Rapid weight gain in early infancy is associated with adult body fat percentage in young women
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- Oyama, M., Saito, T. & Nakamura, K. Environ Health Prev Med (2010) 15: 381. doi:10.1007/s12199-010-0152-3
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Although rapid childhood weight gain has been suggested to be a risk factor for lifetime obesity and other chronic diseases, few studies have been conducted in Asian populations. The aim of this study was, therefore, to ascertain whether rapid childhood weight gain is associated with indices of obesity in adulthood and, if so, which period in early development provides the greatest predictive value of future obesity in young Japanese women.
A total of 86 female university students aged 18–21 years old participated in this study. Current height, weight, body fat percentage (BFP) as evaluated by bioelectrical impedance analysis, and BMI were measured. Body weight at birth, 3 and 6 months, and 1.5 and 3 years of age was obtained from the maternity record book (Boshi-techo), and body weight at 6 years was obtained from school health records. We assessed infant weight gain by the weight change Z-score.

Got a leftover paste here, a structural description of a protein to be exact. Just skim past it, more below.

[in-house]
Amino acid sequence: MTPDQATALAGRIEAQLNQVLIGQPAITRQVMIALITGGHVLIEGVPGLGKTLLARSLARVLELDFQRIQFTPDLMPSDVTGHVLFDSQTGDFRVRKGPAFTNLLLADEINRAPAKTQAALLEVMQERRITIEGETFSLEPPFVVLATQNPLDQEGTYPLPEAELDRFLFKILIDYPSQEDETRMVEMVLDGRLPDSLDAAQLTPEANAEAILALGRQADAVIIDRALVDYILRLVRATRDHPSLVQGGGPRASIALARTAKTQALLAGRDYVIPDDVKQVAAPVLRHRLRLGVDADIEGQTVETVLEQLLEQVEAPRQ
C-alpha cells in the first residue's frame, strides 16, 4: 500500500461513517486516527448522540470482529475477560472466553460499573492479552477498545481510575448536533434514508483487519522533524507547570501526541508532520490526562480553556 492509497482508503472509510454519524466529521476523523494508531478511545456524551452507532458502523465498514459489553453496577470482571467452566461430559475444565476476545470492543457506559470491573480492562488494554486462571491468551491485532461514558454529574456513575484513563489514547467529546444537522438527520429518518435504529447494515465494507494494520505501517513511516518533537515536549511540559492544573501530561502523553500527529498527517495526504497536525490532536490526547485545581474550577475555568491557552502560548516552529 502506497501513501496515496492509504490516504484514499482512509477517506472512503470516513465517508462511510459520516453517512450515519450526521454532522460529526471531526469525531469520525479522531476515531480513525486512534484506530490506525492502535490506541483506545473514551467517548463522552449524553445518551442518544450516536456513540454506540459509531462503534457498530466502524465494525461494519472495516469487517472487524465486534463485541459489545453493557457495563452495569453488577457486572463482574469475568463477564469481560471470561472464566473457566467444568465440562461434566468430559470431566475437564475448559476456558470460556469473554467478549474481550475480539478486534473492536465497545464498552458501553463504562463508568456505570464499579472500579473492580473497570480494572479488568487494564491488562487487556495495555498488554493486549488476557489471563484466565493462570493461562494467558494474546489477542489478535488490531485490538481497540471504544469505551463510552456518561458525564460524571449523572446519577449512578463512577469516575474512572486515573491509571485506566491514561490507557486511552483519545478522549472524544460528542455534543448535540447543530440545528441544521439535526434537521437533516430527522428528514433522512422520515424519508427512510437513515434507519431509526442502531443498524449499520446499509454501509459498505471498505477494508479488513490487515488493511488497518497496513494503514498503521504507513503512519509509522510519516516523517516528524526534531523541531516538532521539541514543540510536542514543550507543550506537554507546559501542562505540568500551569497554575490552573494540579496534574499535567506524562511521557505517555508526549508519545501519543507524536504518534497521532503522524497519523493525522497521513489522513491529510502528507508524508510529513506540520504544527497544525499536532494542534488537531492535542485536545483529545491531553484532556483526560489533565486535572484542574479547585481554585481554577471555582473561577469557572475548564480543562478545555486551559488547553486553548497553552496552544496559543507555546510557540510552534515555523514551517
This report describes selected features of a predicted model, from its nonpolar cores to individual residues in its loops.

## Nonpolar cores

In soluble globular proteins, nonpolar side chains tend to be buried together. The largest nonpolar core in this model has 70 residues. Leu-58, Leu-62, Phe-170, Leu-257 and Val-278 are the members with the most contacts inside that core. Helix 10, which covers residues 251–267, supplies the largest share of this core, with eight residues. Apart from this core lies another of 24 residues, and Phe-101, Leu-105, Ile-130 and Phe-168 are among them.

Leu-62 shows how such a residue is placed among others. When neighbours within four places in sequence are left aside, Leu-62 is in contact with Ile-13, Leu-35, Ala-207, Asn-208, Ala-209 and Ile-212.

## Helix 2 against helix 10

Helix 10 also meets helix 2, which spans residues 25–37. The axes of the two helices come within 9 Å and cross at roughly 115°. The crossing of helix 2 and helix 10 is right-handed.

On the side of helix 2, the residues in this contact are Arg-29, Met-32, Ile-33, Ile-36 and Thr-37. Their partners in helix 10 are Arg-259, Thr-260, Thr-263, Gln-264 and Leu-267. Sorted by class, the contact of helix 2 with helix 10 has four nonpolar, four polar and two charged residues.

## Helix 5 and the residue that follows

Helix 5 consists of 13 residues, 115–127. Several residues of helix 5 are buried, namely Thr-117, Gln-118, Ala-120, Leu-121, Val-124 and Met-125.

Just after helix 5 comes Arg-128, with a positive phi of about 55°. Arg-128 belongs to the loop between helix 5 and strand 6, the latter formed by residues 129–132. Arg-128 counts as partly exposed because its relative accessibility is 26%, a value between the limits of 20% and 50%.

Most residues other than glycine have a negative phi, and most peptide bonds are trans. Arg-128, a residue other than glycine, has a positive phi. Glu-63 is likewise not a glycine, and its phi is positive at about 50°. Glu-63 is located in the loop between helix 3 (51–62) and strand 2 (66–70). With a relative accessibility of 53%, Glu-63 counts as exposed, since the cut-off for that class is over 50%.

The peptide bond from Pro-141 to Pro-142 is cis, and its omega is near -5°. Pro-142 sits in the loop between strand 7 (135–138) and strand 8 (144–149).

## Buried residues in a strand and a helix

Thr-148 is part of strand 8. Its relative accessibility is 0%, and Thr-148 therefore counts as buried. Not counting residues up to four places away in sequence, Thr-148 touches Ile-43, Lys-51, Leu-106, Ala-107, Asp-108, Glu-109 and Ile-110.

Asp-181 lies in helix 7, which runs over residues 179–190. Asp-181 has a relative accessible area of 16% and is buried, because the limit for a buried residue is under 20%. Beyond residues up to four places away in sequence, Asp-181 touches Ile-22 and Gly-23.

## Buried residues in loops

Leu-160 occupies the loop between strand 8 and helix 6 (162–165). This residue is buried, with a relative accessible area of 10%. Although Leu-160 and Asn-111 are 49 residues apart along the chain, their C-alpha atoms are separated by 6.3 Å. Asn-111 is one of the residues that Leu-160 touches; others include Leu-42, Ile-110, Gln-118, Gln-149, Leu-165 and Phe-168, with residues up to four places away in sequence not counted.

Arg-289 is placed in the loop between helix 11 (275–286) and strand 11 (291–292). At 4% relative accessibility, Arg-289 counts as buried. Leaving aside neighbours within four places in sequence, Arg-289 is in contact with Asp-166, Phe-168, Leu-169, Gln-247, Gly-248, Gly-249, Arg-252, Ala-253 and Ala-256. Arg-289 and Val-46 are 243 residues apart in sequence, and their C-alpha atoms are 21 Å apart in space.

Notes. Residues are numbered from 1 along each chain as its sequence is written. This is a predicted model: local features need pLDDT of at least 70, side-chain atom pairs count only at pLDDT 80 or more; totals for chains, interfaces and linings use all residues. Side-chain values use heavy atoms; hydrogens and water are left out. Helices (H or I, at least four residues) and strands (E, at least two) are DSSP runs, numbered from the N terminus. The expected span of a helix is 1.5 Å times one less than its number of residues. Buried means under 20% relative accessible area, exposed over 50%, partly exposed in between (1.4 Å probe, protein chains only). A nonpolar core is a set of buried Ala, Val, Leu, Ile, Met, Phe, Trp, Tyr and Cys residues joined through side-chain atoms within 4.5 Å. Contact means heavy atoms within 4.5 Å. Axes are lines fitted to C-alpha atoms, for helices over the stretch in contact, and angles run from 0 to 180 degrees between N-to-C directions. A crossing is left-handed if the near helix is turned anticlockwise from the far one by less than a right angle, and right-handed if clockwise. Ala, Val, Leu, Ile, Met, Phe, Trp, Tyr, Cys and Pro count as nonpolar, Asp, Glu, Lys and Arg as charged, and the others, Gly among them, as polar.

Current BFP was found to be significantly correlated with weight change between 0 and 3 months (r = 0.26, P = 0.034) and between 3 and 6 months of age (r = −0.28, P = 0.031). However, none of the physical activity indices correlated with BMI and BFP.
Rapid weight gain in early infancy positively associates with BFP in young Japanese women.